The Lias Andersson tour has come to an end on the East Coast, with the New York Rangers trading him to the Los Angeles Kings for a second-round pick. They would then use that pick to select left winger William Cuylle 60th overall. Andersson was the Rangers’ first draft pick from the start of their rebuild, being taken seventh overall in the 2017 Entry Draft, but the controversial young center struggled to make an impact with the Rangers. In 66 NHL games, Andersson has only tallied three goals and six assists.
Andersson was drafted as a heart and soul type player and was noted as a hardworking two-way player. The Rangers liked him because he exhibited leadership qualities and they were hoping he could become a player similar to former captain Ryan Callahan. The pick was a little bit of a reach but they saw it could potentially have a good payoff. Unfortunately, it seems they will not get any kind of payoff.
Andersson only played seven games the season after his draft – he scored one goal and assisted on another. He spent most of his time in North America in the AHL with the Hartford Wolf Pack. In his first two seasons there, the Wolf Pack were a dumpster fire, depleted of any good prospect talent from the Rangers coming off several years of being a strong contender for the Cup.
His second season with the Rangers saw him play in 42 games, with two goals and four assists. He had more success with Hartford as he found the back of the net six times and assisted on 14 more in 36 games. This past season, he regressed a bit due to some non-hockey reasons. In 17 games during the 2019-20 season, Andersson only had one assist, a secondary on a goal from Micheal Haley. He was sent back down to the AHL and had four goals and one assist in 13 games.
He then went back to Sweden after some time off from hockey and seemed to have found his game. In 15 games with HV-71 of the SHL, Andersson netted seven of his own goals and had five assists. He seemed to be regaining his confidence playing in a middle-six role. Andersson decided to play this entire season in the SHL and he has been off to a hot start. In four games he has one goal and three assists, but also got in some disciplinary trouble. He was suspended five games for what was deemed an illegal hit to the head. And now the final chapter – the Rangers finally decided to move on from their former top pick.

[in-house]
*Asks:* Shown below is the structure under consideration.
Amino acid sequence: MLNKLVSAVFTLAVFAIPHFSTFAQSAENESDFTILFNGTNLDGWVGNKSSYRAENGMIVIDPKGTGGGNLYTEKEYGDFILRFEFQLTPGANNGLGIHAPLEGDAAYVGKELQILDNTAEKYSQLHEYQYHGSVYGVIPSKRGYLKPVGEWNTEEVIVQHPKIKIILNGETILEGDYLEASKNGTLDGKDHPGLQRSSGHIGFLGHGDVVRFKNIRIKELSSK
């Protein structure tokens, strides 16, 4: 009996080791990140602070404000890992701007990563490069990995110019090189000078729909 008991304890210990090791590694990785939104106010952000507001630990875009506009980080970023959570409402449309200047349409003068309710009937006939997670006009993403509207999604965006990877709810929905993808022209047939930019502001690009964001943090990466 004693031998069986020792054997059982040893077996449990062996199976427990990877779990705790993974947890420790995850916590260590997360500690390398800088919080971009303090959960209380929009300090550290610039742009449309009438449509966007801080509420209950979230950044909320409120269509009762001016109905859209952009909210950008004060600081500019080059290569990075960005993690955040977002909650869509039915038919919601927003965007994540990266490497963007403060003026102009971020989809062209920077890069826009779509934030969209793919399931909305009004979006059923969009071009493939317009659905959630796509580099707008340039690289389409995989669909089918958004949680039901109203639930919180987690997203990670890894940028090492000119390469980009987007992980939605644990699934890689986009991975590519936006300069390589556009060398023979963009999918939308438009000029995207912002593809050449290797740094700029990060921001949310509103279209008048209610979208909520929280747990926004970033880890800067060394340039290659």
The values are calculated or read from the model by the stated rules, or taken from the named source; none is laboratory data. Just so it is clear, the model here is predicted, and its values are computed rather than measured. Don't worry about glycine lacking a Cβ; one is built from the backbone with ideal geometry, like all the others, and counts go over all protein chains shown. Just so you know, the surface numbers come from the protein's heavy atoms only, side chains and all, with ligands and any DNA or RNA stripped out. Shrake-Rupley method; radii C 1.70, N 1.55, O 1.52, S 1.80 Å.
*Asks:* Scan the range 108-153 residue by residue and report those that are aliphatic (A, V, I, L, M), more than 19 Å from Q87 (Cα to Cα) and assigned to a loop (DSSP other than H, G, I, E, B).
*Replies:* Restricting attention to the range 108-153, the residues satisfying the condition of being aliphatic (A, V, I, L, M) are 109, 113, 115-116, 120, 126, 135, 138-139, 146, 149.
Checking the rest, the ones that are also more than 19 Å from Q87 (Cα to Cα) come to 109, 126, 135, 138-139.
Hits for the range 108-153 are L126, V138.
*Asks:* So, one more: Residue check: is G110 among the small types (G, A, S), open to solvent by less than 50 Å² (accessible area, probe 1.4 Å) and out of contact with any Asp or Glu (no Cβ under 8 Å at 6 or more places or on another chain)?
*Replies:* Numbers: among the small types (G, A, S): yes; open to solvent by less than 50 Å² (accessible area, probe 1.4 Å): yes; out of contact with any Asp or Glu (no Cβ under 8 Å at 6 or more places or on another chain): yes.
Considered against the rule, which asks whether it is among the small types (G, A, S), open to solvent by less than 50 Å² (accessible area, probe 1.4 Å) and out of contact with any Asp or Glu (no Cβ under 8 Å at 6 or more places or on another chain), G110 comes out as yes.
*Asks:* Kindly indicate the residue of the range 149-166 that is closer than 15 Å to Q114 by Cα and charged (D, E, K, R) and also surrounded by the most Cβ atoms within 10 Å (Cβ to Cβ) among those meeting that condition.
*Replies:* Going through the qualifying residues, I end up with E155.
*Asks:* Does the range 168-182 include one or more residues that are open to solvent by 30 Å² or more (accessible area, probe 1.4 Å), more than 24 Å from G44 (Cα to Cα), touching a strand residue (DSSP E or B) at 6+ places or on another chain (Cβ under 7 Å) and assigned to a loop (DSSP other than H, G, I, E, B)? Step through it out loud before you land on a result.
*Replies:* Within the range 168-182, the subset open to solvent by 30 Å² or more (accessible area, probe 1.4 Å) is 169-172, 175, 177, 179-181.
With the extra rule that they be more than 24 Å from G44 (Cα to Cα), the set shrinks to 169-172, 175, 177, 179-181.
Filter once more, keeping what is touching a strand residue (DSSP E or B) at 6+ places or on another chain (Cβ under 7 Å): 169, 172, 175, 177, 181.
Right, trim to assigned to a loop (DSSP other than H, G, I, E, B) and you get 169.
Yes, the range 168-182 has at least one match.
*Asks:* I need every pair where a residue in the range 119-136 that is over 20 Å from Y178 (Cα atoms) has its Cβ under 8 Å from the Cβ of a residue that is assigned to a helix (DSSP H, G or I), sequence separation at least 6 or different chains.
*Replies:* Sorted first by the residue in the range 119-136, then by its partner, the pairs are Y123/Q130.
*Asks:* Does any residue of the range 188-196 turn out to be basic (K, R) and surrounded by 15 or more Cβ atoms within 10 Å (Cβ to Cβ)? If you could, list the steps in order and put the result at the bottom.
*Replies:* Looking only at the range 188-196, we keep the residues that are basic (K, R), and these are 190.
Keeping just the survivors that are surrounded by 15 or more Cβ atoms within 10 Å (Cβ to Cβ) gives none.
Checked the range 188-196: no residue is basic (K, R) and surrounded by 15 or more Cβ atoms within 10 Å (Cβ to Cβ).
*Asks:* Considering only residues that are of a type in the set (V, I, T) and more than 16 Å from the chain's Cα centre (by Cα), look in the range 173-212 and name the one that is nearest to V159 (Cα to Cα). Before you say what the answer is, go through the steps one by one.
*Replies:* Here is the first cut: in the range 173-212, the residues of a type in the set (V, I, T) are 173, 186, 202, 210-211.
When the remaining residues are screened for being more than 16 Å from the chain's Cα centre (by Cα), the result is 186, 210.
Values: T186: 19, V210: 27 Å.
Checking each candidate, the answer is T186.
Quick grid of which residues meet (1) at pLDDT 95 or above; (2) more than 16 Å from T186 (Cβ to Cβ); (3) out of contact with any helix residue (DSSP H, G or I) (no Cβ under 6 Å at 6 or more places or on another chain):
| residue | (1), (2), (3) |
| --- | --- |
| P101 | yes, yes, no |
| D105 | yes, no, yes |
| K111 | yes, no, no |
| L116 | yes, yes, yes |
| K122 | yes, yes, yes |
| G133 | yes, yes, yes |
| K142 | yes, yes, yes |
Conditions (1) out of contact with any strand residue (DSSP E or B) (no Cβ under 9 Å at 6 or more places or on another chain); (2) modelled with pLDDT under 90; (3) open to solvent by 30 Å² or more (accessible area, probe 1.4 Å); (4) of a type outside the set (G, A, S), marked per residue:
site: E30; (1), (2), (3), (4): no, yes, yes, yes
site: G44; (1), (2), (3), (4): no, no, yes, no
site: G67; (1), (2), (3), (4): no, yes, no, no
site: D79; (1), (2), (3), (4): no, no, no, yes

Andersson was a bust for the Rangers but he went through a lot of struggles off the ice. In an interview after going back to Sweden, the young pivot admitted to going through some homesickness, staying up late playing video games with his friends back in Sweden, and taking sleeping pills. He also said he had gone through a lot of pain in his feet, eventually getting his own fitted skates and feeling much better after.
It could be argued he was not exactly set up to succeed in the NHL. His first two seasons with the Rangers saw him play a bottom-line role on a rather depleted team as they went through the early stages of the rebuild. This past season was much the same, he was cemented in a bottom-line role primarily playing alongside Haley, an enforcer, and defenseman turned forward Brendan Smith. He was given some penalty kill time but always saw himself behind Brett Howden in the depth chart, despite Howden’s struggles. Andersson had a solid pre-season as well, looking like he turned over a new leaf as he found some chemistry with fellow meat and potatoes player Vladimir Namestnikov.
Between his injury, poor habits outside the rink and his on-ice struggles, Andersson lost confidence. It was the third consecutive season where he failed to stay on the NHL roster. It is also worth noting he was not the only Rangers prospect to head back to Europe as Vitali Kravtsov went back to Russia after failing to make the Rangers roster out of pre-season.
Andersson could not carry that into the regular season as the Rangers carried a burden of a fourth line for the first half of the season, with Andersson’s struggles being a contributing factor. The Rangers had finally decided to move on after three seasons of their former seventh overall pick struggling on North American ice. It was not how the Rangers had envisioned their top pick’s career to go, but they made a wise choice to trade him rather than risking losing him for nothing down the road.
Andersson is still young at 22 and can carve out an NHL role for himself in the future. He will now have a fresh start with a new team in a new conference. A change of scenery could be exactly what Andersson might need to turn his NHL career around – it was evident he was not going to make much of a splash with the Rangers at this point and it seems the Kings are willing to give him a chance.